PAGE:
If you, like most of us, are staying home to prevent the spread of coronavirus, it can be hard not to feel helpless, especially since it seems like each day the circumstances surrounding the pandemic are becoming more and more grim. Outside of those who are becoming seriously ill, the situation is already severely impacting service and independent workers in addition to small businesses including shops and fashion brands. With governmental restrictions growing, more brands are being forced to close their storefronts, causing more people to lose jobs and money. And while the situation is taking a real toll on global businesses, these measures are absolutely necessary in order to halt the spread of COVID-19. But there are still things you can do to support local businesses, especially when we live in the age of shopping online.
As the owner of Philadelphia’s multi-purpose shop YOWIE, Shannon Maldonado says that since closing the retail space a few days ago, sales have been much lower, but she is actively working to update the store’s webshop in order to hopefully fuel a boost in sales. “I feel both privileged to own a small business and terrified of what this pandemic will do as we still operate on a very small scale where every sale counts,” she says. People’s buying behavior is also shifting — instead of buying up the store’s limited edition t-shirts and home goods, consumers are opting for accessories like puzzles to pass the time and local snacks from its pantry section.
Maresa Ponitch opened her vintage retailer Dusty Rose Vintage in 2008 during the recession. While her physical space, Dusty & Friends, was still open last week, there was a huge drop-off in sales. “Financially, there isn’t much we can do if people stop buying,” she says. “We are a very community-oriented business and our community is full of folks impacted by hits to the service and event industries.” As a company, she’s doing her best to reach people online and offer products people might want most at this time, i.e. things that are cozy. Pontich thinks people might assume that all small businesses will qualify for governmental assistance but that many aren’t eligible or benefit from the type of support offered.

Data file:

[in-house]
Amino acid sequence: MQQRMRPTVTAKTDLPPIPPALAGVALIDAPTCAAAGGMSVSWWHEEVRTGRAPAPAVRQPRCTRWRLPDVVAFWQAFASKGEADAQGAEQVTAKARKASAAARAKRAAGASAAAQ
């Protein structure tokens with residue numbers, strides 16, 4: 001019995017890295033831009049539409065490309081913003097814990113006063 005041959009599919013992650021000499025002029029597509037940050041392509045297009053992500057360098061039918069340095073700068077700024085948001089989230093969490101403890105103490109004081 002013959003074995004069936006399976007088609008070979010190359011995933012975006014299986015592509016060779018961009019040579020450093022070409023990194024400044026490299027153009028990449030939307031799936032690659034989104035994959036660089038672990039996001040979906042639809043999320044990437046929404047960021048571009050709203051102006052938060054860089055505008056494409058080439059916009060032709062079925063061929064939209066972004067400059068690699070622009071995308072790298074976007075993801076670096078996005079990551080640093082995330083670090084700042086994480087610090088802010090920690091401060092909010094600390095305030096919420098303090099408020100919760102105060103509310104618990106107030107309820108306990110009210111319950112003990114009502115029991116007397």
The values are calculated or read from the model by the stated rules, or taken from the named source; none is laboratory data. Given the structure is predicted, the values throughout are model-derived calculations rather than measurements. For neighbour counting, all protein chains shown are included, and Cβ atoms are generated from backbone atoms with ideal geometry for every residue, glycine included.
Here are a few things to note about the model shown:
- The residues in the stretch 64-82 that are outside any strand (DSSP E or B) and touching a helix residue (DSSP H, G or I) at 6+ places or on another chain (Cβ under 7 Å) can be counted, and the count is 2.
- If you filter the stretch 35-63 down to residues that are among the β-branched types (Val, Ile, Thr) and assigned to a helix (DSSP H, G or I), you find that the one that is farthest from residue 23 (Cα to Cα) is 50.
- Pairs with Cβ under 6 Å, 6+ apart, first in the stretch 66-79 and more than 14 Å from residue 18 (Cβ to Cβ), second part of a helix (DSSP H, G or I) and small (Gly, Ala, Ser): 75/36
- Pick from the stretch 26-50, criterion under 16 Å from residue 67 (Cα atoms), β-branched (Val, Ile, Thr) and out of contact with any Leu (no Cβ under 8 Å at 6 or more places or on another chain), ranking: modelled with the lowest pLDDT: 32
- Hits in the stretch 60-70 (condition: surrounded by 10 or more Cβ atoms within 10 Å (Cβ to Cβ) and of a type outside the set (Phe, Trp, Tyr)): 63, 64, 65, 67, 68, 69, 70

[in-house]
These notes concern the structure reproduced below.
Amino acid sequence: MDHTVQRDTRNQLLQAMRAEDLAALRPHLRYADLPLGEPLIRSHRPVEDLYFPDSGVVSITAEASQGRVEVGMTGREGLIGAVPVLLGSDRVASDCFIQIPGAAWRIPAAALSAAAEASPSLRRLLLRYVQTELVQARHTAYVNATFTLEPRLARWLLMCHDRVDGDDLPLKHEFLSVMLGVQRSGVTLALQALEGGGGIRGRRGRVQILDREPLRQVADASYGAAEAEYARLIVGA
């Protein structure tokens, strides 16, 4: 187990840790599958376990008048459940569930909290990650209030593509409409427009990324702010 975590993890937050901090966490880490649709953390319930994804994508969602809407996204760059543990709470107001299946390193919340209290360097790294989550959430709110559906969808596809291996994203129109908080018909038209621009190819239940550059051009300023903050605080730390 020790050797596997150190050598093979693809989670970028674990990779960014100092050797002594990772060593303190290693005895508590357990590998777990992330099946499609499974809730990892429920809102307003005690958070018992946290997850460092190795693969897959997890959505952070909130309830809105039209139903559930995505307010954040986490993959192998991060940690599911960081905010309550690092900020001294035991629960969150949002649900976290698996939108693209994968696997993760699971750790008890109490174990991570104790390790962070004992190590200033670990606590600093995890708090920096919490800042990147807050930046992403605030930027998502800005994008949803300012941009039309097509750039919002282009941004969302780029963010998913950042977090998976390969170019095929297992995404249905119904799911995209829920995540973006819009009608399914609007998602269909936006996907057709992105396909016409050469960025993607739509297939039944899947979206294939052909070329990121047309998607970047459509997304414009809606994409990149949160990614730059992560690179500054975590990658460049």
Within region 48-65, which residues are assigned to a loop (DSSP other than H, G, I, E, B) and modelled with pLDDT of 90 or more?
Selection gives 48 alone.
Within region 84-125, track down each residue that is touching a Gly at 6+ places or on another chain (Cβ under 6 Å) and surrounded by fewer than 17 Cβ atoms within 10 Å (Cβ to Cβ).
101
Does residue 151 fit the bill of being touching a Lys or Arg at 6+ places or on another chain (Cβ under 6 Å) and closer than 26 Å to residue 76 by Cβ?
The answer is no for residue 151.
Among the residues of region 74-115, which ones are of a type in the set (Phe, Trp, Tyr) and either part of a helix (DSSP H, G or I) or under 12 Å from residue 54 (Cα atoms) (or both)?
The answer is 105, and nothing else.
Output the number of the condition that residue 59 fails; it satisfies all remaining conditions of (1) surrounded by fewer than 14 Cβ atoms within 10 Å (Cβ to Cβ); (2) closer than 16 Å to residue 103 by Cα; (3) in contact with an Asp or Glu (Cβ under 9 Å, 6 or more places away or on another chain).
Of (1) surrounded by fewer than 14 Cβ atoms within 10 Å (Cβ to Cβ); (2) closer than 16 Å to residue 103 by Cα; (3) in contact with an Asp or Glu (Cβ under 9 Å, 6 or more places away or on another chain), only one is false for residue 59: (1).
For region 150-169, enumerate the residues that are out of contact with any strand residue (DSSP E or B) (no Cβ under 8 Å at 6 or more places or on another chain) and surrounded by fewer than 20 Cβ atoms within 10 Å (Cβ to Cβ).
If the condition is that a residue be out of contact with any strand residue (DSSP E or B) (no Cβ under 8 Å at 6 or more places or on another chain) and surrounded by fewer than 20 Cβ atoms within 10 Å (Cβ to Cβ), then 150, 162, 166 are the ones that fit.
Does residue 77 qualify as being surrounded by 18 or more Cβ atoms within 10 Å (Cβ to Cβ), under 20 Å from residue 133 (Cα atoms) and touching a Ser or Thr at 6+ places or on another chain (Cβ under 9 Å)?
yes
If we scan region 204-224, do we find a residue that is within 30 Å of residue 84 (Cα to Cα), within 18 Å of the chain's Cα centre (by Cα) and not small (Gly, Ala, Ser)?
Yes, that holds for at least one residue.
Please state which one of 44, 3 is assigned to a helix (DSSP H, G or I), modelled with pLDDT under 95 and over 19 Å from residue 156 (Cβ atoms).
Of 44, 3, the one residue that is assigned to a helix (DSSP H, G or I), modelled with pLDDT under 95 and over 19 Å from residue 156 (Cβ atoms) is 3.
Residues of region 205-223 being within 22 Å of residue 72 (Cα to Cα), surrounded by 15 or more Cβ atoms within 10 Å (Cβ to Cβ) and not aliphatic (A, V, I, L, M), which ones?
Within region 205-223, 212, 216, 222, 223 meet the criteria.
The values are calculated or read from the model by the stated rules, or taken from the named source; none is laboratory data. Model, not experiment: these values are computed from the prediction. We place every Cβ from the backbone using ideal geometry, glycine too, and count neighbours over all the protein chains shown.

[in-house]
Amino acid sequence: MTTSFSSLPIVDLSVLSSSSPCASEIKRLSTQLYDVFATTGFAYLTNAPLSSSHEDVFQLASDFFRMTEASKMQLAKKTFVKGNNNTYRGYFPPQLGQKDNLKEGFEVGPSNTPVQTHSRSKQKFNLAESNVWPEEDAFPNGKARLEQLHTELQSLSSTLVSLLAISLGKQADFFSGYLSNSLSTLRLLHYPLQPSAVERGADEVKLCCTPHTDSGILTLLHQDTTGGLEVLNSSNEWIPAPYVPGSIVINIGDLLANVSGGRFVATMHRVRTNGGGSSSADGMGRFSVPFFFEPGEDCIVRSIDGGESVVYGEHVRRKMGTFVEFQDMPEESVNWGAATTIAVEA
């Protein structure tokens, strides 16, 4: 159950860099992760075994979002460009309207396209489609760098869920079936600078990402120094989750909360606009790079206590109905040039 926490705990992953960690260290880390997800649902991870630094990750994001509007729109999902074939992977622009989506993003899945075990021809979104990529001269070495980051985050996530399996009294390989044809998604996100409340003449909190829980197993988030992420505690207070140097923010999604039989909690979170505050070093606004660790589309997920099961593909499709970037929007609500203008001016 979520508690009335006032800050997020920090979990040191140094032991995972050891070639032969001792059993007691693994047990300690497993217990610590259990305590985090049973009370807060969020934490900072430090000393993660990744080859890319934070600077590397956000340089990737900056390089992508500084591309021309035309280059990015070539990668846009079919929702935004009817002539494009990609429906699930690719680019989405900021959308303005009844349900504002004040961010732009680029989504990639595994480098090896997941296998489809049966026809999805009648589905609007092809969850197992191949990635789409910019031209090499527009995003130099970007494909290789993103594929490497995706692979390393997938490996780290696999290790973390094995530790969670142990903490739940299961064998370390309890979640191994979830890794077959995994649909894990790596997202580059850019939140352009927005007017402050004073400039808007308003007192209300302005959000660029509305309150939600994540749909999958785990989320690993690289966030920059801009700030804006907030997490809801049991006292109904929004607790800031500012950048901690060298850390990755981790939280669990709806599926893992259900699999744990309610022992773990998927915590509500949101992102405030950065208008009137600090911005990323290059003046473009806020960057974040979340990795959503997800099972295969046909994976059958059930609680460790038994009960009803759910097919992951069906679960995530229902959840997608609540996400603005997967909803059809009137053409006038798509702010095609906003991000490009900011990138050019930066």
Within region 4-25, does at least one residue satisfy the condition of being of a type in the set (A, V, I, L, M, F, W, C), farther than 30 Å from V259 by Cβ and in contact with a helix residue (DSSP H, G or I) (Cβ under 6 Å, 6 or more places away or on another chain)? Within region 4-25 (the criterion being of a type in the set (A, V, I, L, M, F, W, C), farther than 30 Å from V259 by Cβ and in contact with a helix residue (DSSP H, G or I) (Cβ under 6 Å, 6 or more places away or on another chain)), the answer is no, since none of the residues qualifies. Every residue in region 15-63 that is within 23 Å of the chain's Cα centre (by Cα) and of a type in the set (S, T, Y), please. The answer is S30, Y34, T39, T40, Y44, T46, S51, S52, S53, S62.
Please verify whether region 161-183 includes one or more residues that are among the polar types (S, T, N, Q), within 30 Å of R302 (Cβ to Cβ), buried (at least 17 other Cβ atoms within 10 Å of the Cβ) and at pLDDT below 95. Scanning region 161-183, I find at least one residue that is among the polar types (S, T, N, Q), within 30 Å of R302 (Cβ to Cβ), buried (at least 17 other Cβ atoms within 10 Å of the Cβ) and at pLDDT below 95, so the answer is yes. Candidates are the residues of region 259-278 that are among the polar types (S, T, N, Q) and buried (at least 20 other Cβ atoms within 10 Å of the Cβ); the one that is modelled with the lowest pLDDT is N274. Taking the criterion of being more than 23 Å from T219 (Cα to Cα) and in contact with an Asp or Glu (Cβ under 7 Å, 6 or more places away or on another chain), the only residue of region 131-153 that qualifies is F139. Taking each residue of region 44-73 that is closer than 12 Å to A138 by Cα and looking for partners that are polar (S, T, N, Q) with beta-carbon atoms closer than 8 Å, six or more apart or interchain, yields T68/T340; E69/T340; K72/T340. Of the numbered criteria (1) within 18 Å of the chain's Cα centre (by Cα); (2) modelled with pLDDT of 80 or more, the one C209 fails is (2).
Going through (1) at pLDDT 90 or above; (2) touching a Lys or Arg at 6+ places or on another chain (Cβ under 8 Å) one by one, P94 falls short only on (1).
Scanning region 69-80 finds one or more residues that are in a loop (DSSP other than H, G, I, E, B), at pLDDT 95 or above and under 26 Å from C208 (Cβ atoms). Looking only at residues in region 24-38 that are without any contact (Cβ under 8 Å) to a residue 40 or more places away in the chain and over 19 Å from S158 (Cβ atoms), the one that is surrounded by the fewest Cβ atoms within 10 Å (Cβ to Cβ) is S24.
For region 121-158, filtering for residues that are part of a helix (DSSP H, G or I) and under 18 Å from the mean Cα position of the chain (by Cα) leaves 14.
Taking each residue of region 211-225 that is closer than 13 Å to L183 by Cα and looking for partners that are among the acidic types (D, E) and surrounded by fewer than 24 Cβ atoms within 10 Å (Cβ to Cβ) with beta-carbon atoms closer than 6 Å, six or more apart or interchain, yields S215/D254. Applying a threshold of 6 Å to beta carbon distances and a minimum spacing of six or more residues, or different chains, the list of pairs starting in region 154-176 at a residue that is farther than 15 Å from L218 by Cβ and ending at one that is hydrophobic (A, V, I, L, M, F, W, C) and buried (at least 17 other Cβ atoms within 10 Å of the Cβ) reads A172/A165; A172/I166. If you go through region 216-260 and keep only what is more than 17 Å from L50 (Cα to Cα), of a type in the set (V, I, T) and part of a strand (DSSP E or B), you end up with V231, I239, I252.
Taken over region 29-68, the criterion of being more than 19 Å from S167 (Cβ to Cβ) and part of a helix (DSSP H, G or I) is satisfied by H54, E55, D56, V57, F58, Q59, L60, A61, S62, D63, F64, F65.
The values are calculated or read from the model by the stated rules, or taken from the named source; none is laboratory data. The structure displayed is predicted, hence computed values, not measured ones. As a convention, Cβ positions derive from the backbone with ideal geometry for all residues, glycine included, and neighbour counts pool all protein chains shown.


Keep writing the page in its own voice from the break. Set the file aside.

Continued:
Austin-based apparel brand and storefront Esby Apparel is experiencing a major hit both in person and online, especially since South By Southwest was cancelled this year (the event is said to amass over 150,000 people annually). “I have a small team to support and it’s scary to think we may be forced to shut down our shop and alter our usual plans due to this virus,” the brand’s founder Stephanie Beard tells Refinery29. “For now, we are focusing our efforts on our website, so customers can easily shop from home.” When customers are shopping, Beard has noticed that they are spending less than they usually would and opting for more “supportive purchases” of smaller, lower-priced items.
“When the crisis first hit New York, we saw an immediate 50% dip in sales across all three of our stores, and this continues to rapidly decline,” says Liz Power, owner of Brooklyn’s Awoke Vintage. “We’re so fortunate that our customers are loyal and supportive and that our Instagram sales have been rapidly increasing.” In an Instagram post, the company shared that while their three storefronts are now closed, its hourly staff will still be paid and 100% of e-gift card sales will go towards payroll.